Some research estimates the average, single-family home produces 3-6 gallons of moisture daily through normal activities like cooking, showering, and washing and drying clothes. In the past, this wasn’t a major issue as escaping heat energy carried accumulated moisture with it. However, as construction techniques have led to tighter homes, there is less heat loss, which means reduced rates of moisture being allowed to move from the home. This is a critical component of home design as dangers of prolonged moisture levels can lead to mold growth, structure dry rot and exterior/interior paint failure. This is an area where a high-performance house wrap can play a critical role by having an optimal moisture vapor transmission.
Building Wrap and Permeability
The hidden science of a house wrap lies within its ability to allow free passage of water vapor so that wall cavities and framing members can dry to the outside of the building, thereby reducing the threat of mold and rot. The rate at which the moisture vapor moves through an object is measured in perms, and is often referred to as permeability. Unlike bulk water holdout, which refers to water in its liquid form, vapor permeability concerns water in its gas form.
Current building codes require a house wrap to match or exceed Grade D building paper’s rating of about 5.0 perms. To meet this requirement, perm ratings for commercially available house wraps range from 7 to 59 perms.
Materials with higher perm ratings essentially speed the escape of trapped moisture vapor. But higher ratings do not necessarily equal better house wraps, as methods of achieving a high perm rating can vary. For example, some low-tech house wraps achieve their high perm ratings with mechanically punched perforations in the membrane. These perforations increase the passage of water vapor, but they also make the house wrap more susceptible to bulk water intrusion. Conversely, non-perforated house wraps offer even greater moisture vapor transmission (higher perms) than their perforated counterparts and are more effective at preventing the movement of bulk water.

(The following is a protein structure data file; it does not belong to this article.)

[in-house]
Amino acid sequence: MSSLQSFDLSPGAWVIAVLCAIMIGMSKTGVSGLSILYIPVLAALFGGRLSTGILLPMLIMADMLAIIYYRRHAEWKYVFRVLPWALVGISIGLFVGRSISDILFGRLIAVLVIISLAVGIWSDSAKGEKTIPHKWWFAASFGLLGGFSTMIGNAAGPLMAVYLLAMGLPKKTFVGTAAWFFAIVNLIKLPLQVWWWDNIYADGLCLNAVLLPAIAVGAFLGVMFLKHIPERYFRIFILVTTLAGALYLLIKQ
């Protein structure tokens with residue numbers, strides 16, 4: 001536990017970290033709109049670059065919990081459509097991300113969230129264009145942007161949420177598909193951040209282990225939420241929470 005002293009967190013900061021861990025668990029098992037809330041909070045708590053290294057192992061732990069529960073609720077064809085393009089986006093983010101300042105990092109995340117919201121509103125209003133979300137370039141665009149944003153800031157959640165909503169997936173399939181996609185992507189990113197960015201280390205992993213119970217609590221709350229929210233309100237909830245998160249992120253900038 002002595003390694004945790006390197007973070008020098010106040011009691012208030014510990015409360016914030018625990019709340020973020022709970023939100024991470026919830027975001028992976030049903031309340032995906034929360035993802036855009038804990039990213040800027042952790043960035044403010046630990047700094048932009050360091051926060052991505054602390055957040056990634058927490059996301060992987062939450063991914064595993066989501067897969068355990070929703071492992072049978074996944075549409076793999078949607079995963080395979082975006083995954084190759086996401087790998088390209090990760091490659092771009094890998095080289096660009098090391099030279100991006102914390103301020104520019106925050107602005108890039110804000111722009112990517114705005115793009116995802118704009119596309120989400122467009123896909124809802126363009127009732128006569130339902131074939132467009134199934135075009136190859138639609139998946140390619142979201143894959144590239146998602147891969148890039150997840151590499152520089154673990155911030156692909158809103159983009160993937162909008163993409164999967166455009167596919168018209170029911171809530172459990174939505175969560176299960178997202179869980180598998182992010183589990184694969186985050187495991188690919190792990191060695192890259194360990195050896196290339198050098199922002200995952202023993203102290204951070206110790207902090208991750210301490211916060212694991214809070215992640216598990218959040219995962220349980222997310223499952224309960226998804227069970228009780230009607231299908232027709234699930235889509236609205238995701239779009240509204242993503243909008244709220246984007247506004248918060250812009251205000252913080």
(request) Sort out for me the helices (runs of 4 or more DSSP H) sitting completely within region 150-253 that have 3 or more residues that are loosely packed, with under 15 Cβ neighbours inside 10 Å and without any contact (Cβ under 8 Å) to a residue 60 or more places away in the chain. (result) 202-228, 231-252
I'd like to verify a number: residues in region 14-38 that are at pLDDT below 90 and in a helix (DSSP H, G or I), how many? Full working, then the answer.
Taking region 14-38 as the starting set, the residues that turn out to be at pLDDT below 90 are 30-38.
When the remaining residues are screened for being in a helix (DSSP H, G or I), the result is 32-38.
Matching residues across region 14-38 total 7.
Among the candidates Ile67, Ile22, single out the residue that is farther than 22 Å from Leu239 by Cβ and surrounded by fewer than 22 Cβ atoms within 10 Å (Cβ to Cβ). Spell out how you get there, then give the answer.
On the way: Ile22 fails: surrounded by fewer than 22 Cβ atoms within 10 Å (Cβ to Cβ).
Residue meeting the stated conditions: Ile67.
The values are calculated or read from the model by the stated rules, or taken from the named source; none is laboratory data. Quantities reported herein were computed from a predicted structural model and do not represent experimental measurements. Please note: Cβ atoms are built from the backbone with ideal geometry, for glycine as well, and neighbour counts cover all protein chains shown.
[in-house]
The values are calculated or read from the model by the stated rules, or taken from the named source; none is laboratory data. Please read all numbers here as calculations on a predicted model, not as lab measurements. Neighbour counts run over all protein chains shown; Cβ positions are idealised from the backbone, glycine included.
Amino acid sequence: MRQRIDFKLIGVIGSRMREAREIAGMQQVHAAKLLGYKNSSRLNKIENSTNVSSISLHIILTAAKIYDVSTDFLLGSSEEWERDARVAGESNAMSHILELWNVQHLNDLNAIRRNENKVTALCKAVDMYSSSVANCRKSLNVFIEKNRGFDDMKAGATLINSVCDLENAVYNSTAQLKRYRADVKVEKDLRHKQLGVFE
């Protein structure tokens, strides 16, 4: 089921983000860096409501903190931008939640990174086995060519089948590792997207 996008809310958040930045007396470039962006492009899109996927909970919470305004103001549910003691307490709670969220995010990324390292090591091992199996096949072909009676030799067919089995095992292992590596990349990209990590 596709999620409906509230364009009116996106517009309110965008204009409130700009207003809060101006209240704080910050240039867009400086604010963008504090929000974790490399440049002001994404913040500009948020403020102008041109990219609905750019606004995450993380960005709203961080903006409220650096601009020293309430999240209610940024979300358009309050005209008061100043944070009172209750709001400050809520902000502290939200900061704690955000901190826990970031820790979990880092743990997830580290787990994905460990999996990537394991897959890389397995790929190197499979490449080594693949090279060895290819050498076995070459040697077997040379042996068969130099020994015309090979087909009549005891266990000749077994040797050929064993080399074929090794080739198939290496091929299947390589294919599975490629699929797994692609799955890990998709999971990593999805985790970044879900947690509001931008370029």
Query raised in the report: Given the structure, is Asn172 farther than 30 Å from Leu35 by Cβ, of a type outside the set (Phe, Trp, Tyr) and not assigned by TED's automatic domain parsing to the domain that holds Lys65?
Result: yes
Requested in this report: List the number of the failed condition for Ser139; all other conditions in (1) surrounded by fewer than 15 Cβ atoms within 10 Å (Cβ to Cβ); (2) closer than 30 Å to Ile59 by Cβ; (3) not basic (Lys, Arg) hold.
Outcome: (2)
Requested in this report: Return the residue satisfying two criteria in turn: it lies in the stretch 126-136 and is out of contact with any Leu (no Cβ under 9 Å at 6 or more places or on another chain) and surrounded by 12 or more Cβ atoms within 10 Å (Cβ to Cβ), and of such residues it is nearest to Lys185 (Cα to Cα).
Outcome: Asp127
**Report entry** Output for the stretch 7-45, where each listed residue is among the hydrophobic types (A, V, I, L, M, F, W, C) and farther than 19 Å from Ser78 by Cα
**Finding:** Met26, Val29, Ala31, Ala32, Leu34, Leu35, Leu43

The Sweet Spot for Permeability
In his paper, “Inward Drive – Outward Drying,” building scientist Joseph Lstiburek identifies the “sweet spot” for the permeance of the house wrap layer as between 10 and 20 perms. Too high, he writes, and the moisture driven out of the back side of reservoir cladding (i.e. vinyl, stucco, etc.) into the air space will blow through the layer, through the permeable sheathing and into the wall cavity. Too low, and the outward drying potential of the cavity is compromised. Thankfully, advances in building wrap technology are adapting to meet this need.
A research study conducted by the University of Massachusetts, in which various house wrap products were subject to a set of laboratory conditions to identify how they compared from a permeability standpoint, found TYPAR® BuildingWrap™ to be one of the best house wraps on the market, for both resisting water infiltration and permitting the evaporation of water vapor.
The water holdout of TYPAR BuildingWrap is balanced, achieving a perm rating of 11.7. This optimal perm rating ensures that while water is prevented from entering the wall cavity, ideal levels of moisture vapor are allowed to escape. For more information, visit www.typar.com.